* My bank shut down my debit card last month because somebody tried to withdraw money from my account in Portland, Oregon. I’ve always wanted to go to Portland, but never have. Some of my money did, though. They successfully withdrew $88 from an ATM machine and then the bank locked down my card. The bank told me the fraudsters somehow had my pin number, which I never share and don’t even have written down.
Credit card fraud is at an all-time high. That’s according to the Federal Trade Commission’s latest Consumer Sentinel Data Book, which tracks and summarizes consumer complaints about fraud, identity theft, and other consumer concerns. In 2017, there were 133,015 reports of credit card fraud across the United States—nearly a 7 percent increase over the year prior. This trend corresponds with a simultaneous sharp rise in data breaches where personal information was compromised. According to the Identity Theft Resource Center, 2017 represented an all-time high of 1,579 data breaches—a nearly 48 percent increase over 2016’s 1,091.
The Federal Bureau of Investigation defines credit card fraud as the “unauthorized use of a credit or debit card, or similar payment tool (ACH, EFT, recurring charge, etc.), to fraudulently obtain money or property.” Interestingly, the Federal Trade Commission categorizes credit card fraud as a type of identity theft, since it can only be accomplished by stealing credit card numbers, usually by means of an identity theft scheme.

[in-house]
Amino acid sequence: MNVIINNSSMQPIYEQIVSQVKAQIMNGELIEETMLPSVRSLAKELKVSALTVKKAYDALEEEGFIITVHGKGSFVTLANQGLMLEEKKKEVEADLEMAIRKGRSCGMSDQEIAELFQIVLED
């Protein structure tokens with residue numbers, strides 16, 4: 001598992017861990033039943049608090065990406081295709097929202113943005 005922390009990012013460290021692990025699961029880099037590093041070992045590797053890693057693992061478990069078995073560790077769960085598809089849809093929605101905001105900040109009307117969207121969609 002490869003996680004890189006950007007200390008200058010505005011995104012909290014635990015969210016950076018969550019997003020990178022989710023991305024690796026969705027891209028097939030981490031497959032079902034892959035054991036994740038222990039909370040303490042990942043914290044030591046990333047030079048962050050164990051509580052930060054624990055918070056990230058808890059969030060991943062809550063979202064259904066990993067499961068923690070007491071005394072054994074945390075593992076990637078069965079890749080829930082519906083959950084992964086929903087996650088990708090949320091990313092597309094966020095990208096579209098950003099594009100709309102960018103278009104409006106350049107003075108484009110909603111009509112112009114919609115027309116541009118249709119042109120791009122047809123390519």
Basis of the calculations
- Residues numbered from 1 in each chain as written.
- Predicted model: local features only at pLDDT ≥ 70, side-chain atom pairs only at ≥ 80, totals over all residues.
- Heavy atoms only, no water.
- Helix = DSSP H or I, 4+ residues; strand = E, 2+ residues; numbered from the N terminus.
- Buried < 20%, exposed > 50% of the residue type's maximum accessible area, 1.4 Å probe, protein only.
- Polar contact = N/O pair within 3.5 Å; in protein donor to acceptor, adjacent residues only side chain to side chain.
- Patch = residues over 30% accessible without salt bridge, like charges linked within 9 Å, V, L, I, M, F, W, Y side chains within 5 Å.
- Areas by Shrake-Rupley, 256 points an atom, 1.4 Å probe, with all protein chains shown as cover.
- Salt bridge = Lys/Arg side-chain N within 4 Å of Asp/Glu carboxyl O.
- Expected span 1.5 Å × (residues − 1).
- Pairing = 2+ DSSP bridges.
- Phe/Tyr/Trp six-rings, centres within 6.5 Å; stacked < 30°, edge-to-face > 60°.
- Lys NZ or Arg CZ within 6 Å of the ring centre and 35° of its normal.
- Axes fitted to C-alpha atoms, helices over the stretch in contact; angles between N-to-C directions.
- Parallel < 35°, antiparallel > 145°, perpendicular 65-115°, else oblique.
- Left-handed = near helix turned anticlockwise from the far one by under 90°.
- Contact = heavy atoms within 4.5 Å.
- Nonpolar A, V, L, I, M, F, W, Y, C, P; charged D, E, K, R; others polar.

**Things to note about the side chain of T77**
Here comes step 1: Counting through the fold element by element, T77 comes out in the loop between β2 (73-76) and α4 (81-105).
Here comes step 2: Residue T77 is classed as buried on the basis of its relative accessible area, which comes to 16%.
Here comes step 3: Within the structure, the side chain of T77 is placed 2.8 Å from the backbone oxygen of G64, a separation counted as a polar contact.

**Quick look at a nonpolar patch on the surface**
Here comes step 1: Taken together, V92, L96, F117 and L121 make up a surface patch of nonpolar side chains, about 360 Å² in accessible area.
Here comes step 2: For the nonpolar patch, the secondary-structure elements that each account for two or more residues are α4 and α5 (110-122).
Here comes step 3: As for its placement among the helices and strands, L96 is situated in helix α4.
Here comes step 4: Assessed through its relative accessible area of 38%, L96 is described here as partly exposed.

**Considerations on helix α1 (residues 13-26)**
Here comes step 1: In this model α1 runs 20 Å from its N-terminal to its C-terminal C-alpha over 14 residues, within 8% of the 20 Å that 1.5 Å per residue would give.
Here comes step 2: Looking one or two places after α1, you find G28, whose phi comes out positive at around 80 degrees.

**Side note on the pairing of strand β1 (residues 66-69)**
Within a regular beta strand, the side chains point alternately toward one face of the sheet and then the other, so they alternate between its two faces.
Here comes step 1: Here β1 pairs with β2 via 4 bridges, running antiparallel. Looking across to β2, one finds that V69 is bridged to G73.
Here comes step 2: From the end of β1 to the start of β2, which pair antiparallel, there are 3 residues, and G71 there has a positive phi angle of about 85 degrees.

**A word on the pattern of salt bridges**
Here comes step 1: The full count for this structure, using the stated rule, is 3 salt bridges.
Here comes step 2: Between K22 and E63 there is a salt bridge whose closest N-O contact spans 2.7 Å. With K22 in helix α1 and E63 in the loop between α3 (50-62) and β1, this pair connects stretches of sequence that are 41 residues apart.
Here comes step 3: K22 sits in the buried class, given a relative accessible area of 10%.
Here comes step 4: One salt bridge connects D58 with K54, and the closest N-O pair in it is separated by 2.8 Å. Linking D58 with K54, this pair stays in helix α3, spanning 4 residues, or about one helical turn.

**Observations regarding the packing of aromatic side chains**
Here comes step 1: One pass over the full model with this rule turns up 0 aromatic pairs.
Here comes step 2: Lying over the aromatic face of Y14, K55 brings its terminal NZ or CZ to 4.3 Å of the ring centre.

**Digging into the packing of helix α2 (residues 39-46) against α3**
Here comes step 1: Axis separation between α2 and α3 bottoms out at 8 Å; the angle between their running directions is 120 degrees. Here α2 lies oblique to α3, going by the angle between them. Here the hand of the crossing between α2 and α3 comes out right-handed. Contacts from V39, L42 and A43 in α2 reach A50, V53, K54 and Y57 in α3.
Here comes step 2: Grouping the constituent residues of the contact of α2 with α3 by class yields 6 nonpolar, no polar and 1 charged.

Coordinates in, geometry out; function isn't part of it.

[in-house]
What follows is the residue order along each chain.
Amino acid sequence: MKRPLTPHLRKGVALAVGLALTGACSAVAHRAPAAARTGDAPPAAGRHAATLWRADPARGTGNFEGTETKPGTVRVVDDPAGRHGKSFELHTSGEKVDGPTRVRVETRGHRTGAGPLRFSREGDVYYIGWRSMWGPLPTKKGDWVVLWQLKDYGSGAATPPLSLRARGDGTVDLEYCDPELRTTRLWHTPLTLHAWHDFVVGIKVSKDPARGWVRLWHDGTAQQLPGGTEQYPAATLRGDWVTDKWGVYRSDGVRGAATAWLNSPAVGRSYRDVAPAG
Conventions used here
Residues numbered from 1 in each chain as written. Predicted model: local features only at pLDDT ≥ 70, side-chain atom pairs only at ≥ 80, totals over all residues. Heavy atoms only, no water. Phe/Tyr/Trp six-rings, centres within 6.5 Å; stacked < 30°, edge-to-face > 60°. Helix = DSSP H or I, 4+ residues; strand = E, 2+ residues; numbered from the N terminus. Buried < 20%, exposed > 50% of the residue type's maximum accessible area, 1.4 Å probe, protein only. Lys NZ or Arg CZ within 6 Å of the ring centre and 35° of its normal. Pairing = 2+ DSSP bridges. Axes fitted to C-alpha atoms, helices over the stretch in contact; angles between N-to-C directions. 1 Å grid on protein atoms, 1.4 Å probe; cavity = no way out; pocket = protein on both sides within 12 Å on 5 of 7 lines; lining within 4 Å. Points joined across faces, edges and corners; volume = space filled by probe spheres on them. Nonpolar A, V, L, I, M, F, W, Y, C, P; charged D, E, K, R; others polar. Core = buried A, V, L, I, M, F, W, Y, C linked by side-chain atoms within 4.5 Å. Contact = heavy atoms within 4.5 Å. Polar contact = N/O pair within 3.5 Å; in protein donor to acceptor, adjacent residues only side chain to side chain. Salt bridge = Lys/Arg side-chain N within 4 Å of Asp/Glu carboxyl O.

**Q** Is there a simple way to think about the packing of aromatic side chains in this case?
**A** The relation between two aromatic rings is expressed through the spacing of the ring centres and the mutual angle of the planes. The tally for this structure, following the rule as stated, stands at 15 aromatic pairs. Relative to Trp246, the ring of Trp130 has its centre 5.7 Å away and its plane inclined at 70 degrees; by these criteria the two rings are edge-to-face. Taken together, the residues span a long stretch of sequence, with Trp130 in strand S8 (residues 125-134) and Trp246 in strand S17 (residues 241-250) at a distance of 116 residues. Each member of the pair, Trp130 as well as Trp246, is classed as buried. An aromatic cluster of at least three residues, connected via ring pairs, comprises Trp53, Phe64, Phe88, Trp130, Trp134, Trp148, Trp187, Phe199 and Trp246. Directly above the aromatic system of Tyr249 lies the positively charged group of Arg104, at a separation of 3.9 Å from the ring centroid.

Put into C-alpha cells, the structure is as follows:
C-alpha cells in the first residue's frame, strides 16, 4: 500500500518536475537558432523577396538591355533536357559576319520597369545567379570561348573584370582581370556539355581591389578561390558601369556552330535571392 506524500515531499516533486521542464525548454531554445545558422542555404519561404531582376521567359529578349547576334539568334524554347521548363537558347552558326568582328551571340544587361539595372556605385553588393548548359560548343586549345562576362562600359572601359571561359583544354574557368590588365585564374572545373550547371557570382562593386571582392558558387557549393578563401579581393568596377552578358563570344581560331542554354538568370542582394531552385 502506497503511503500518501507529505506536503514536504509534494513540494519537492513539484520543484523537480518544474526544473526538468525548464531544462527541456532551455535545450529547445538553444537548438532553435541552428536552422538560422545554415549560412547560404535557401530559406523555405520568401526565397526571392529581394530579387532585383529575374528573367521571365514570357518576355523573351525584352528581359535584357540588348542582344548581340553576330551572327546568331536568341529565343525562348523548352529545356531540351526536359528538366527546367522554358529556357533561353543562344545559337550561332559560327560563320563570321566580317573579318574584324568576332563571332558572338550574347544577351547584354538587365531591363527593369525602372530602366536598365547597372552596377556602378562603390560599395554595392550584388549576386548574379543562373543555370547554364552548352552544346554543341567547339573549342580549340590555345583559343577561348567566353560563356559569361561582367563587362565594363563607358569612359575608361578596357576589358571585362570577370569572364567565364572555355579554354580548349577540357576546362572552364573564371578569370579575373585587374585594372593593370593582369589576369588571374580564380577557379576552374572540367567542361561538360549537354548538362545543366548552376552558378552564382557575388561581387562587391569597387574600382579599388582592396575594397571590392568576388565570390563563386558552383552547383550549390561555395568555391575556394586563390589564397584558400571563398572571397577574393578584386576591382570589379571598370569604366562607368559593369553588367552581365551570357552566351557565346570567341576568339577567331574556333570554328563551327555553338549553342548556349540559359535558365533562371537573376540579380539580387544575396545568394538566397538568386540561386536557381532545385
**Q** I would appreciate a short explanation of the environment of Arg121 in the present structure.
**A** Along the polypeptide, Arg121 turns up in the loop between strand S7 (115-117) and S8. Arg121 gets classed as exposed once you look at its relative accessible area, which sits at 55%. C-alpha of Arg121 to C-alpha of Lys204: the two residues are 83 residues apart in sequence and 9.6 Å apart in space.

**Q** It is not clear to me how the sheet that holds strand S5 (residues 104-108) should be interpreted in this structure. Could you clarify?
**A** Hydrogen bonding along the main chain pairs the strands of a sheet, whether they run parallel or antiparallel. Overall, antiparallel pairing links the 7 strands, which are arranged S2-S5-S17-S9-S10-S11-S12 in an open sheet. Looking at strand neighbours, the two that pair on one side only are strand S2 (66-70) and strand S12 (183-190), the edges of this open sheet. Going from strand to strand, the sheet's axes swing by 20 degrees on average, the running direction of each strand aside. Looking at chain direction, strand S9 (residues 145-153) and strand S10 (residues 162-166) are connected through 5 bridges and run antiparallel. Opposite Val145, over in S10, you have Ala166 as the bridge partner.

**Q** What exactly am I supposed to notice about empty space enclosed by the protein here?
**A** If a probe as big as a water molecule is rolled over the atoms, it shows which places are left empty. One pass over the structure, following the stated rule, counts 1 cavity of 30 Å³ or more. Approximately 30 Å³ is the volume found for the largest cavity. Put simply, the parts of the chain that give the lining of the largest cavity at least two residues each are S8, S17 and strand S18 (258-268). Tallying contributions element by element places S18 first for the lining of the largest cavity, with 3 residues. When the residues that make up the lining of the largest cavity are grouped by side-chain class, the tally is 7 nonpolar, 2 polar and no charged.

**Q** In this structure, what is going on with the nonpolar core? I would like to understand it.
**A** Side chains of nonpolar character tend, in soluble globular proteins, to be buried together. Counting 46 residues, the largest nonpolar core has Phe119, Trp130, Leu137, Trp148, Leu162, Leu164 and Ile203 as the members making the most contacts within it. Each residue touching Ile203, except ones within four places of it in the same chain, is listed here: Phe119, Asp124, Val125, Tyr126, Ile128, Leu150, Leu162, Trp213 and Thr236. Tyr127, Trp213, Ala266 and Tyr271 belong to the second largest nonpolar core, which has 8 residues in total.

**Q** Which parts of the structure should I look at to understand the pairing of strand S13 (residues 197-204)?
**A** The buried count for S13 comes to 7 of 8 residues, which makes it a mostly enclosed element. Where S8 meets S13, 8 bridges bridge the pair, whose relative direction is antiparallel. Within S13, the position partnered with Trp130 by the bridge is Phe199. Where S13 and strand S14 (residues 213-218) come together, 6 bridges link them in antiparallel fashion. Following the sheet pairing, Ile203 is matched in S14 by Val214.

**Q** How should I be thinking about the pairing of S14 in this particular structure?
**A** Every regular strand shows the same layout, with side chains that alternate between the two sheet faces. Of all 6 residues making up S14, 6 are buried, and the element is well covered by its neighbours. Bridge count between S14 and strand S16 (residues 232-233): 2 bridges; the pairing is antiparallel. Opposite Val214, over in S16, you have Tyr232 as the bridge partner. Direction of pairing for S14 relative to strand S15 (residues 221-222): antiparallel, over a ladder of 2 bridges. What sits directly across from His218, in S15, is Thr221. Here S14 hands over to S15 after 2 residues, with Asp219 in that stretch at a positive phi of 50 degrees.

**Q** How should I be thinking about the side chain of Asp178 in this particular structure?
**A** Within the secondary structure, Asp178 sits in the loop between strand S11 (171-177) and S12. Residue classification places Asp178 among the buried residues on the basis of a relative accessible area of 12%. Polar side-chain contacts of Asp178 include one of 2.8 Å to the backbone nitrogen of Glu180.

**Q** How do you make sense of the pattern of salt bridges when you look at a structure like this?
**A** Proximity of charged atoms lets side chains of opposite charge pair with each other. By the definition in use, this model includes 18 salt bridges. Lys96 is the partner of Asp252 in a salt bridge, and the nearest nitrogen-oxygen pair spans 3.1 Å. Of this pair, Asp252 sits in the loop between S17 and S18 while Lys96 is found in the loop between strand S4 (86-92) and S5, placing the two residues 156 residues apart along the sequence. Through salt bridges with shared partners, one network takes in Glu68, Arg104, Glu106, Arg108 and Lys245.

The risk to individuals isn’t spread evenly across states. Instances of credit card fraud range from a low of 17 per 100,000 residents in Mississippi to a high of 81 per 100,000 residents in Washington D.C. The average across all states is just under 33 per 100,000 residents.
There is a slight positive correlation between median household income and instances of credit card fraud per 100,000 residents. This suggests that higher-income states are potentially more attractive to scammers, representing a better chance of “striking gold.”
Median household income is also positively correlated with the percentage of identity theft cases that are credit card fraud. In other words, credit card fraud appears to be occurring more frequently relative to other types of identity theft in higher-income states. This again might be due to the high payout attached to a successful scheme on a wealthy resident. This trend could also be explained by lower credit card approval rates in states with higher levels of poverty.
Higher levels of poverty also correspond to lower rates of credit card fraud. This may be attributable to lower credit card approval rates, ownership, and credit limits in less wealthy states.
* As the headline says, Illinois ranked 6th…
Credit card fraud complaints: 48 per 100,000 residents
Total identity theft complaints: 130 per 100,000 residents
Credit card fraud percent of total ID theft complaints: 39%
Household median income: $60,960
Percent below poverty level: 13%